Hyaluronic acid is a naturally-occurring lubricant made by the body to help cushion joints and support a free range of motion. This lubricant can thin over time, resulting from conditions such as injury, obesity, and even natural aging. It manifests as osteoarthritis (OA), also known as degenerative joint disease. While treatment such as physical activity, maintaining a healthy weight, and improving joint mobility through physical or occupational therapy may help, there is no cure for osteoarthritis. Many patients take over-the-counter painkillers to manage discomfort, but in some cases, pain simply doesn’t respond to drugs. In such cases, physicians may recommend hyaluronic acid injections.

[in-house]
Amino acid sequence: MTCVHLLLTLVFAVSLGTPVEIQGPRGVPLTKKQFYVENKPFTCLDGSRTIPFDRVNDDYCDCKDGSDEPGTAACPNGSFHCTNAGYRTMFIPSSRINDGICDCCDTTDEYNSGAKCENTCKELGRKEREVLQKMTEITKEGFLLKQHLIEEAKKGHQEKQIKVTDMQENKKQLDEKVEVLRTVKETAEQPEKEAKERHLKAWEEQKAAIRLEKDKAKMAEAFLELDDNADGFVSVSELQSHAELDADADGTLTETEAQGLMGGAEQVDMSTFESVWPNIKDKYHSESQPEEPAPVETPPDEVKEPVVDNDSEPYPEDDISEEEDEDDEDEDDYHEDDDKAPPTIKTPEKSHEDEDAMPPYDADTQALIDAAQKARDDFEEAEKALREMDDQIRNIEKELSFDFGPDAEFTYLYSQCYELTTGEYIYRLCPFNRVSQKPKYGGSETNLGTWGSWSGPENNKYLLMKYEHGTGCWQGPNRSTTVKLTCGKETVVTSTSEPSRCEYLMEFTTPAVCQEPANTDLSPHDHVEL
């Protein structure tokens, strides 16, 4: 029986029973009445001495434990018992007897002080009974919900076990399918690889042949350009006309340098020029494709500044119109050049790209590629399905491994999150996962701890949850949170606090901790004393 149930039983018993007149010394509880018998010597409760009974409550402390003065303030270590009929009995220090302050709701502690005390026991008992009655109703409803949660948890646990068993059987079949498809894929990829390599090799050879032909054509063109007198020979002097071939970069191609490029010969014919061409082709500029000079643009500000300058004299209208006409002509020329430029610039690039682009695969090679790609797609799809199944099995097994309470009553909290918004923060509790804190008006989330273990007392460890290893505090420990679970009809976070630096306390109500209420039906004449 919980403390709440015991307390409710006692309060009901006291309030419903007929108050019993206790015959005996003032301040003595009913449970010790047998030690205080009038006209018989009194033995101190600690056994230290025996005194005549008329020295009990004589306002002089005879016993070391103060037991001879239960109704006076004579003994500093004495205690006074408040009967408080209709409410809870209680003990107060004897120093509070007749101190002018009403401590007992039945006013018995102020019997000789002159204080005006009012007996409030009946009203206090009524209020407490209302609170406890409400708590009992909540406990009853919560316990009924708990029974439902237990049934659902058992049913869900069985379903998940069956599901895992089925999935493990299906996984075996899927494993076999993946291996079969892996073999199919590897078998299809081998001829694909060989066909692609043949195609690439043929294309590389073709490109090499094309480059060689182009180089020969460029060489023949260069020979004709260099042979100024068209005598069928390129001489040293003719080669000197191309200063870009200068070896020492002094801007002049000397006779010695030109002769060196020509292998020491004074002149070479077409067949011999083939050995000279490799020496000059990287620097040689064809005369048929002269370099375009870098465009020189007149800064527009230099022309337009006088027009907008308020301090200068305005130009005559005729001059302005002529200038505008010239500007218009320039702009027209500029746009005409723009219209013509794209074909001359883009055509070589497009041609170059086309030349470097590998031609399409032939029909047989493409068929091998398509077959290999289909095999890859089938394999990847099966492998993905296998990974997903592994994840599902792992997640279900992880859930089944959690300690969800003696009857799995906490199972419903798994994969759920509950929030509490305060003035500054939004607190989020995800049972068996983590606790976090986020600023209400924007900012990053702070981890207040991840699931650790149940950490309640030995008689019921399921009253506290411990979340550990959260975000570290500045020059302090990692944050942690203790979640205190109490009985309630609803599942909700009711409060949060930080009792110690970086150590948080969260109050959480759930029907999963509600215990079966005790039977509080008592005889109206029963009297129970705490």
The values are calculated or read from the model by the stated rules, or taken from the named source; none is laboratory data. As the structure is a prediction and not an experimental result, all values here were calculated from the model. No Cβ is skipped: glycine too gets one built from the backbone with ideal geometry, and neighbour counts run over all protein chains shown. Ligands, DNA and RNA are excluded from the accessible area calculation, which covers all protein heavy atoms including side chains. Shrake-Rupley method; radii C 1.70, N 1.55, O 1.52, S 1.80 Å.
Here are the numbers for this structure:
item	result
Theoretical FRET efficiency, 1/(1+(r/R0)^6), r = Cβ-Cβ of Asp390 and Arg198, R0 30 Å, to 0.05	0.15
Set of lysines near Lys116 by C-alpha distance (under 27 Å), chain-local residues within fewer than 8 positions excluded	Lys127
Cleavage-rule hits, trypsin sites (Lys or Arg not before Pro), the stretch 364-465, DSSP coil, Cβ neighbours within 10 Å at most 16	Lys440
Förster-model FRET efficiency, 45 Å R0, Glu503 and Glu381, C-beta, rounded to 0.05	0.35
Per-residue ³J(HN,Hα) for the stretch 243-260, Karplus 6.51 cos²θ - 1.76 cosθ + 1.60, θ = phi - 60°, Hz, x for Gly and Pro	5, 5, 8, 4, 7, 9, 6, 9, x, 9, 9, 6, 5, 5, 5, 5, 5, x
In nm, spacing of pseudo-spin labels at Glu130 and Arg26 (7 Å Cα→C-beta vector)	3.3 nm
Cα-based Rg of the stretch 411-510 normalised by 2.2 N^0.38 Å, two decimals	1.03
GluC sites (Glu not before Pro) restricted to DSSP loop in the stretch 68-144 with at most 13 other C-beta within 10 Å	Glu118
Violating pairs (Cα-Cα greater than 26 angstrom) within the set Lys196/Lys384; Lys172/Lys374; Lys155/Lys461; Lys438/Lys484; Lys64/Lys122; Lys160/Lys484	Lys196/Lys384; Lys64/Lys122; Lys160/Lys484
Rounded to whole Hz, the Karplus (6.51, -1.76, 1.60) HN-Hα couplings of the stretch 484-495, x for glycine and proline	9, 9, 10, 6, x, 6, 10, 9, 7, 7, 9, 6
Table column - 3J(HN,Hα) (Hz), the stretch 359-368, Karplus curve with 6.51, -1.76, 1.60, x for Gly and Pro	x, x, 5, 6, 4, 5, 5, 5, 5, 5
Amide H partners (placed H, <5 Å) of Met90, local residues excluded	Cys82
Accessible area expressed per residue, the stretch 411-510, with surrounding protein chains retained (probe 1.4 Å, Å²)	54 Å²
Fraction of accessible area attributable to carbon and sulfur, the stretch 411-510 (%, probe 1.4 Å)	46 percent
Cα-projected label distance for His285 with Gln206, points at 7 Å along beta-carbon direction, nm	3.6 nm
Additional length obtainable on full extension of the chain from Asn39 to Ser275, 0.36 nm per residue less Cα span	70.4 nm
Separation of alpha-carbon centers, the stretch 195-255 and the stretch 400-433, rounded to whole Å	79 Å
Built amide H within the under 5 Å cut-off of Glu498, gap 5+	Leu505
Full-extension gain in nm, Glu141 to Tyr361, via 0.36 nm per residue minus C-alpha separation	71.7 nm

Targeted hyaluronic injections, also called viscosupplementation, have been used specifically for OA in the knee and can add to the joint’s existing supply of the lubricant. These minimally-invasive treatments are an attractive alternative for patients who aren’t ready for knee replacement surgery but have not been able to control symptoms through other therapies.
While hyaluronic injections reportedly work well in certain patients, they may be less effective in elderly individuals and those with severe OA. With that said, 30% of people who received the injections were completely pain-free, with results lasting up to two years. For any patient seeking to delay or avoid knee surgery, treatment offered with these and other alternative options are likely worth exploring.